Investigates human immunological diseases and malignancy through the development and leveraging of novel humanized mouse models
Our research leverages immunodeficient mouse models for translational studies on human hematopoiesis, immunity, autoimmunity, infectious diseases, diabetes, regenerative medicine and cancer. We have developed the NOD/SCID mouse strain harboring a null mutation of the IL2 receptor common gamma chain and have shown that these mice, referred to as NOD/SCID/Gamma (NSG) mice, efficiently support development of functional lymphoid and myeloid cells following human hematopoietic stem cell (HSC) engraftment. NSG mice have also been validated as an excellent host for engraftment with human T cells, myeloid cells, and other human cell populations.
Development of NSG mice that are humanized by engraftment with human tissues, stem cells and peripheral blood mononuclear cells (PBMCs) has provided an opportunity to study human biological processes in vivo that would otherwise not be possible. Our use of these mice in collaborative studies focused on infectious disease including HIV/AIDS has increased the understanding of human host responses to infection and has resulted in the discovery of new potential therapeutics for HIV. Our next generation of humanized mice express human cytokine and HLA transgenes as well as other human species-specific molecules and have targeted mutations that eliminate mouse MHC expression and further depress mouse innate immunity. Next-generation NSG mice are also being designed to support the growth of primary human hematopoietic as well as solid tumors that may have limited growth in currently available models. These mice are also becoming critical tools for the testing and validation of human cancer immunotherapy.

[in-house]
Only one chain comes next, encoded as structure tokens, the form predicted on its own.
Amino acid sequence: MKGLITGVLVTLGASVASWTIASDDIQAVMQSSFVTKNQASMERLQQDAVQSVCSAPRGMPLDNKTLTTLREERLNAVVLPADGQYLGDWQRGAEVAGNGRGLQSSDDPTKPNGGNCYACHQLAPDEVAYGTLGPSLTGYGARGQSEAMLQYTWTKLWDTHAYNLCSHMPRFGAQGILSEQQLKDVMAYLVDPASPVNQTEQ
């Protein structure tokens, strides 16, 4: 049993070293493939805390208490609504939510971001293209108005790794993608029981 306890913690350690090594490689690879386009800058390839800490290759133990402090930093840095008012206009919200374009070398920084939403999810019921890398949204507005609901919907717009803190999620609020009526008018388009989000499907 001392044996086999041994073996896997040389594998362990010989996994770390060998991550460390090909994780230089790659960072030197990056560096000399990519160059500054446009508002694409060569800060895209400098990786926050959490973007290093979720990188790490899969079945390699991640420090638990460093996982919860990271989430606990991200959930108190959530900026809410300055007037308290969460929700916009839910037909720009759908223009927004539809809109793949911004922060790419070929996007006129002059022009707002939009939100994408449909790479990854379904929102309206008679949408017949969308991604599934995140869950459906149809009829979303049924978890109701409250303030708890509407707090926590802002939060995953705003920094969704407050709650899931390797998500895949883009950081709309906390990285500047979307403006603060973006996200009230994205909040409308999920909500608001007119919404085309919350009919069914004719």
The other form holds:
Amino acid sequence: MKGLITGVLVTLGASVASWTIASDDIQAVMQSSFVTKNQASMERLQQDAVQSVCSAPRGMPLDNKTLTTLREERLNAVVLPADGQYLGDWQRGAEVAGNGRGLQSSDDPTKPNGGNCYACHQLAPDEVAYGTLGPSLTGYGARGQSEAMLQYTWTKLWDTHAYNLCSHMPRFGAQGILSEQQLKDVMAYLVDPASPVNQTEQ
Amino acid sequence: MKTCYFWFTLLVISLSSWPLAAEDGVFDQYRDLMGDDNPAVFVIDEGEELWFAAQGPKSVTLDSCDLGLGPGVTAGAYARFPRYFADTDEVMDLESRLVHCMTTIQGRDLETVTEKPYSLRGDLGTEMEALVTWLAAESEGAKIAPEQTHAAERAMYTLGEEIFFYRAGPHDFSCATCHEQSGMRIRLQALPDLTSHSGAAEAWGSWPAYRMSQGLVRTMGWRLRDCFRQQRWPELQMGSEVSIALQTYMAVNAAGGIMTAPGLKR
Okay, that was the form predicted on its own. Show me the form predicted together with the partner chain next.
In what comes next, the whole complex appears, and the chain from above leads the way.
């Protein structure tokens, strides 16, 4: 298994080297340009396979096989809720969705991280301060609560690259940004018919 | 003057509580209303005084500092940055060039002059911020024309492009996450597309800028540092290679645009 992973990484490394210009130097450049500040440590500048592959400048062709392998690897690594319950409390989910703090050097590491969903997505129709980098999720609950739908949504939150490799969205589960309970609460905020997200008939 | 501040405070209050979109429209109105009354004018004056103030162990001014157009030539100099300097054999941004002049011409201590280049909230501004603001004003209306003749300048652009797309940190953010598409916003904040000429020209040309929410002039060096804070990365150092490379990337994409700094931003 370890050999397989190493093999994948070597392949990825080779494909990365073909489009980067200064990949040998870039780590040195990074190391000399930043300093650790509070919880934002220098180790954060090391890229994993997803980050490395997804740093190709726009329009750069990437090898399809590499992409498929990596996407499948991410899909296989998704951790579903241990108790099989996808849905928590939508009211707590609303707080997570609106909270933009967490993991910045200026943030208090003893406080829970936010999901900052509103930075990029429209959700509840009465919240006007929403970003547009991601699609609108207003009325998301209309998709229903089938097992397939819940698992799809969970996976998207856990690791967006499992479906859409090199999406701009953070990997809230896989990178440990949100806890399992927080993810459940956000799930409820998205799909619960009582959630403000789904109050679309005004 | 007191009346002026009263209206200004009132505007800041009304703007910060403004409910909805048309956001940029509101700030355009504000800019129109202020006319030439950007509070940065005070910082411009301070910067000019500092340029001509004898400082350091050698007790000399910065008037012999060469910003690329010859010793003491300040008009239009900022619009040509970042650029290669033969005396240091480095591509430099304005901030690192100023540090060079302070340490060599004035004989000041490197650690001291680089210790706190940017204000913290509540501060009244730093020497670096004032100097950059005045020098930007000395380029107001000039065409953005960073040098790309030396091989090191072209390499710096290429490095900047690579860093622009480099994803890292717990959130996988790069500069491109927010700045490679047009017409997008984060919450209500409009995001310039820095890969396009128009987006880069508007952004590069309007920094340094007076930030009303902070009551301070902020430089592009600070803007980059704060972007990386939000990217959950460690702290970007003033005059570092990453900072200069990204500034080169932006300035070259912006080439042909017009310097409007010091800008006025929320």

We previously described a recessive mouse mutation named curly-bare (cub). Homozygotes are characterized by a hairless phenotype. The cub mutation was mapped to a locus on distal Chr 11, and a dominant genetic modifier of the cub phenotype (Mcub) was mapped to a 10 cM interval on Chr 5. A single copy of the dominant Mcub allele in combination with the cub/cub genotype results in a full, wavy coat rather than the hairless coat of cub/cub mcub/mcub mice. As a consequence of ear notching the cub/cub mice, we discovered that this mutation resulted in accelerated wound healing. DNA sequencing of cub/cub mice identified a 12,681 base pair (bp) deletion in the Rhbdf2 gene, which results in loss of exons 2–6, but the remaining exons were expressed. We subsequently confirmed splicing of exons 1 to 7. The cub gene henceforth named Rhbdf2cub. The wild type Rhbdf2 gene encodes an inactive rhomboid protease iRhom2, one of a family of enzymes containing a long cytosolic N-terminus and a dormant peptidase domain of unknown function. Inactive rhomboids (iRhoms) are highly conserved but proteolytically inactive intramembrane proteins that are characterized by a long cytosolic N-terminal domain, a conserved cysteine-rich inactive rhomboid homology domain (IRHD), and a dormant proteolytic site lacking an active-site serine residue within the peptidase domain. iRhom2 has been implicated in epithelial regeneration and cancer growth through constitutive activation of EGFR signaling. However, little is known about the physiological substrates for iRhom2 or the molecular mechanisms underlying these functions. Wild type iRhom2 is a short-lived protein whose stability can be increased by select mutations in the N-terminal domain. In turn, these stable variants function to augment the secretion of EGF family ligands, including amphiregulin. In vivo, N-terminal iRhom2 mutations induce accelerated wound healing as well as accelerated tumorigenesis, but do not drive spontaneous tumor development. This work underscores the physiological prominence of iRhom2 in controlling EGFR signaling events involved in wound healing and neoplastic growth, and yields insight into the function of key iRhom2 domains. The Rhbdf2cub modifier gene (Mcub) is a loss-of-function mutation in Areg, a gene that encodes the autocrine keratinocyte growth factor amphiregulin. This mutation was henceforth referred to as AregMcub. Recent reports show a role for iRhoms in EGFR-mediated human neoplastic growth. Missense mutations in RHBDF2 have been shown to cause tylosis with human esophageal cancer. Although the mechanisms underlying the pathogenesis of cancer are evolving, these studies further strengthen the link between iRhoms and EGFR signaling.